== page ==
Integration as seen through the wind shield of a bus

I can no longer count the number of times I have had to board a bus to travel and travel for hours before crossing the Rwanda-Uganda Gatuna or Katuna border depending on which side of the crossing you are coming from.
Allan Brian Ssenyonga
Allan Brian Ssenyonga

I can no longer count the number of times I have had to board a bus to travel and travel for hours before crossing the Rwanda-Uganda Gatuna or Katuna border depending on which side of the crossing you are coming from.

I have been a passenger of numerous bus companies that have come and gone.  My preferred spot is usually among the back seats but on a few occasions, I have sat close to the driver, getting a better view of what the driver sees during the journey.

Every such trip offers valuable lessons as far as the integration of the East African countries is concerned. In fact, before I proceed, I advise anyone who has never taken a bus from one East African country to another to add this on their bucket list now.

In the first place, it is on such rides that one gets to meet ‘real East Africans.’ These are people who are difficult to place in one particular country thanks to their linguistic flexibility. And I am not talking about the immigration fellows who are expected to speak several languages to work effectively.

I am talking about the medicine dealers who hop onto the bus to sell drugs they claim can heal all your pains and diseases. To get your ear, they are known to offer a soothing medical lecture in English, Swahili, Kinyarwanda, Luganda name it. By the time they get off the bus, you are not sure whether it was a Ugandan, Kenyan or Rwandan speaking to you.

Then you have the ‘money changers’ often found at the “No Man’s Land” section of the border crossings. These ones will quickly employ an array of languages until they get your attention and hopefully your money.

The lingering memory I have of these people, is the guy I found at the Kenya-Tanzania border of Namanga on the Tanzanian side in 2007. After finding out that I was Ugandan, he asked me whether the Ugandan army would find Joseph Kony in South Sudan.  His interest and knowledge about something that was happening several miles away awed me. 

While on these buses, one is certain to meet someone from another East African country and any engagement will offer very priceless lessons on the East African region. I have learnt so much about Kenya’s history and even its future from conversations with my neighbours on the bus.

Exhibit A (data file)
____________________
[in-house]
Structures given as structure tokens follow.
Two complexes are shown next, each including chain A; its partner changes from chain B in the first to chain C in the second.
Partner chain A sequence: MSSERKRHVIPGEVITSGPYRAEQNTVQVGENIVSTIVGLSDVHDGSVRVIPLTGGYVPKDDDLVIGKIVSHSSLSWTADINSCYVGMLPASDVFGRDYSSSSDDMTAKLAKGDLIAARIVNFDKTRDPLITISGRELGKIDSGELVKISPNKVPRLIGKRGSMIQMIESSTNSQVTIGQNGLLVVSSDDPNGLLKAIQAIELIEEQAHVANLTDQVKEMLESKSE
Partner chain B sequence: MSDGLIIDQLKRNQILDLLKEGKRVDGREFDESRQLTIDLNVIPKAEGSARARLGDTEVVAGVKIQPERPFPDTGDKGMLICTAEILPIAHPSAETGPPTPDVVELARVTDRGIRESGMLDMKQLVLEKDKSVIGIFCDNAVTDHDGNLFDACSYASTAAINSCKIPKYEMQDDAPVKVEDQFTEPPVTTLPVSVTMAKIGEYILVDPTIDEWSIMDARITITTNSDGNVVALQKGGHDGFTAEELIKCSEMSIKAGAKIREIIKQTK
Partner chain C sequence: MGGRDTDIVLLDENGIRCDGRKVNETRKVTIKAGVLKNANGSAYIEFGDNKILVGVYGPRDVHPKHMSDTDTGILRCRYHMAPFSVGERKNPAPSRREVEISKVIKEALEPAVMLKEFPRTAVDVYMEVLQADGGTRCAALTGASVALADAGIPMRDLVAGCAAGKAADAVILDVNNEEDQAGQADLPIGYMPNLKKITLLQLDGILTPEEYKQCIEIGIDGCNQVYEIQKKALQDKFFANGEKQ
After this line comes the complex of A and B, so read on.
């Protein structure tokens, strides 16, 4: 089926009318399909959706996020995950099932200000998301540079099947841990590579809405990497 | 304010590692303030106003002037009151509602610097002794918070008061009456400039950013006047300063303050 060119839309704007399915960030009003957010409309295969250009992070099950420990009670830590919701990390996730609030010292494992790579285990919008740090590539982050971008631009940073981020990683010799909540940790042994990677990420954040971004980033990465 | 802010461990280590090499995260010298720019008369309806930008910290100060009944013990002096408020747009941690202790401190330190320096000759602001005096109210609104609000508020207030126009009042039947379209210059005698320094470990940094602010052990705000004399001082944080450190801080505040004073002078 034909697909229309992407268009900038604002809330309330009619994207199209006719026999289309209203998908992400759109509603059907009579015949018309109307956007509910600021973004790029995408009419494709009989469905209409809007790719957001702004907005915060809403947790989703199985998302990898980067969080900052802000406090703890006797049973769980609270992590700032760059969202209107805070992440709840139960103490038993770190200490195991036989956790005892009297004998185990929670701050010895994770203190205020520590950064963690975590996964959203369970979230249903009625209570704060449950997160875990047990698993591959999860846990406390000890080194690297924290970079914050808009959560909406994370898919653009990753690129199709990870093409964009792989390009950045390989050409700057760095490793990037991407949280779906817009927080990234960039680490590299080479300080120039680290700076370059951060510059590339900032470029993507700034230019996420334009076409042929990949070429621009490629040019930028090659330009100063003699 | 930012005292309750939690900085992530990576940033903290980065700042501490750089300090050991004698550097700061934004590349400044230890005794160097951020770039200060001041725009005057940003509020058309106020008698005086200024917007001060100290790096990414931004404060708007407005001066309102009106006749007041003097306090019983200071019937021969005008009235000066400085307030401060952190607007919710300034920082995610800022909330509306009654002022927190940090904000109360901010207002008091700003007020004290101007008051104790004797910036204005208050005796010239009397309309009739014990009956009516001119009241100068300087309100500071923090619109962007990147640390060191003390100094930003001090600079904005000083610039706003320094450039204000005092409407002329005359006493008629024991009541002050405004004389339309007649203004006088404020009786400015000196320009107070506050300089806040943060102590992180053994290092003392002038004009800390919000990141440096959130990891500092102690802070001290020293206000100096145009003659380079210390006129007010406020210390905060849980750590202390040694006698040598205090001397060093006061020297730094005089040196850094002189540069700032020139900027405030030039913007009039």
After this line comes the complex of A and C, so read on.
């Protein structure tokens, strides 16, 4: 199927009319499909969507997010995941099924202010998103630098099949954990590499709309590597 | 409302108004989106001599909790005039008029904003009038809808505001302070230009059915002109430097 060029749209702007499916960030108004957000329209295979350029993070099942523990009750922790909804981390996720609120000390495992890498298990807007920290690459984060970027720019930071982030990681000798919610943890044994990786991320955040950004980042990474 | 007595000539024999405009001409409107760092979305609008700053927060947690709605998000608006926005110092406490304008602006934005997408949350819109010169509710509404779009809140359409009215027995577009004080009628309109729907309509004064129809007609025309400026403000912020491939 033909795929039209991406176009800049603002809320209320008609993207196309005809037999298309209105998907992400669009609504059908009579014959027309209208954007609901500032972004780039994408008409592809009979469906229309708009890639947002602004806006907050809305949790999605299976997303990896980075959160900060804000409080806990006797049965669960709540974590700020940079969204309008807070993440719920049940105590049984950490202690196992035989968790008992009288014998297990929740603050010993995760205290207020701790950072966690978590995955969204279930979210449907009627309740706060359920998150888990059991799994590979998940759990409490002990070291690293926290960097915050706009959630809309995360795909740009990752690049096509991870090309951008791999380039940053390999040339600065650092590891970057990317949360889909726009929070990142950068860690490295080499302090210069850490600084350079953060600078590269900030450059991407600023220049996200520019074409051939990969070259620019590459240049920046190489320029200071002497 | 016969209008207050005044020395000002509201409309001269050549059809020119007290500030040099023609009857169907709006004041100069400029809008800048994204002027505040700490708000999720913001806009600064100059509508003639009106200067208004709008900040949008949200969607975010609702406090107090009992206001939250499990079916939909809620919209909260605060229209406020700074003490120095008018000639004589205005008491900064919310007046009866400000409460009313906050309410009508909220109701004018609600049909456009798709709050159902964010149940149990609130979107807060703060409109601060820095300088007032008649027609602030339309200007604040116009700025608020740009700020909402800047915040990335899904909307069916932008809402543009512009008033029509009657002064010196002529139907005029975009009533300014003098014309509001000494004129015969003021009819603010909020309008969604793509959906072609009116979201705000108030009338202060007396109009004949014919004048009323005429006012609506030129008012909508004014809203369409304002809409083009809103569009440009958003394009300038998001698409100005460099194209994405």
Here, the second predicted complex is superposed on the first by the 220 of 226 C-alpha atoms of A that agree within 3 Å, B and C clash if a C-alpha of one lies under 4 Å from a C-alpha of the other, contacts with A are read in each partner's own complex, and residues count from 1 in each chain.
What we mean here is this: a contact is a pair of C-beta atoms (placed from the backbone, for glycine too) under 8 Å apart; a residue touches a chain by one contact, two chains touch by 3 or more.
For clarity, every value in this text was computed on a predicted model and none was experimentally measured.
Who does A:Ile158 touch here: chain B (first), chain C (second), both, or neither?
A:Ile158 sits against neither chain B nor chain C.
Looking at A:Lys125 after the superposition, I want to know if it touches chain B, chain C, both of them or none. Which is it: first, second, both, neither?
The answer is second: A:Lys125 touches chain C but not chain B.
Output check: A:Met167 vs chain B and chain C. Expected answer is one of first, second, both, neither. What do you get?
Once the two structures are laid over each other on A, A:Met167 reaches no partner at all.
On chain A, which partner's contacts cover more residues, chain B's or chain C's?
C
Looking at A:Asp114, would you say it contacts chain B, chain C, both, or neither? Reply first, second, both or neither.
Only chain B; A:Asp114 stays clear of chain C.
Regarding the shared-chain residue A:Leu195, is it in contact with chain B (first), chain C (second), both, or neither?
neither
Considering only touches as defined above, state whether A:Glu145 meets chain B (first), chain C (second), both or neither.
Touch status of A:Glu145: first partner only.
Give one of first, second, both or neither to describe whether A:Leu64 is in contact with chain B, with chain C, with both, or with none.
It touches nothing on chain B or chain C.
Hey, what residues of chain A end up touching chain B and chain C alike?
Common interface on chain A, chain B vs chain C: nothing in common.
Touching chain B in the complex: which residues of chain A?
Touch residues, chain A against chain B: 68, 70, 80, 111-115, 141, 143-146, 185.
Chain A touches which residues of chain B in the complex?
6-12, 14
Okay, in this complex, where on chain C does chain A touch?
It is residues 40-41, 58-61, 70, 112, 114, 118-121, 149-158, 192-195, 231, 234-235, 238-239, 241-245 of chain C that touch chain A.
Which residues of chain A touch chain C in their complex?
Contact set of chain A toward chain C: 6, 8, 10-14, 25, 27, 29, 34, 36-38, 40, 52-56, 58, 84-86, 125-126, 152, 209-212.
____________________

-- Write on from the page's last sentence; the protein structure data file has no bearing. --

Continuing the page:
During these conversations I have also had to answer tough questions like the time my Rwandan neighbour asked me why Uganda’s security officers had so many different uniforms. The one I failed to answer was when he wanted to know why Ugandan police officers were “too fat.”

There were days when I used to board buses that had several Burundian citizens. It was always interesting to listen to the small differences between Kinyarwanda and Kirundi. Then on other days I would get a chance to listen to what God meant to different people when the defunct Gaso Bus would do a suicidal turn and passengers would call out their God in the different languages.

Talking of defunct there are reports that regional transport giant Akamba Bus services has suspended its operations due to accumulated debts, conflicts among the management and loss of business to competitors. This sad news got me reflecting more on the whole bus industry.

Often, when we talk of regional integration we fail to see the role these buses play in a region that has failed to add an extra kilometre of rail on the ancient Uganda Railway. To me this is such a huge shame and we are better off working on the railway problem instead of whining about Non Tariff Barriers in different countries.

Akamba which has been in the business for over 57years, is now on its knees while in Rwanda Onatracom seems to be just waiting for its death certificate. In Tanzania, the once very comfortable Scandinavia Express buses are now a thing of the past. 

Uganda’s Gaso Bus Service, one of the first to do a Bujumbura service did not even wait for its owner Hajji Kamulu to be laid to rest before his children tore it apart. Burundi’s Otraco bus that used to go to Kampala didn’t even last a year on the route.

And how come the luxury coaches are a reserve of Tanzania, Kenya and Uganda? Don’t other East Africans deserve comfort too? The obscene cost of air travel within the region will be a topic for another day. 



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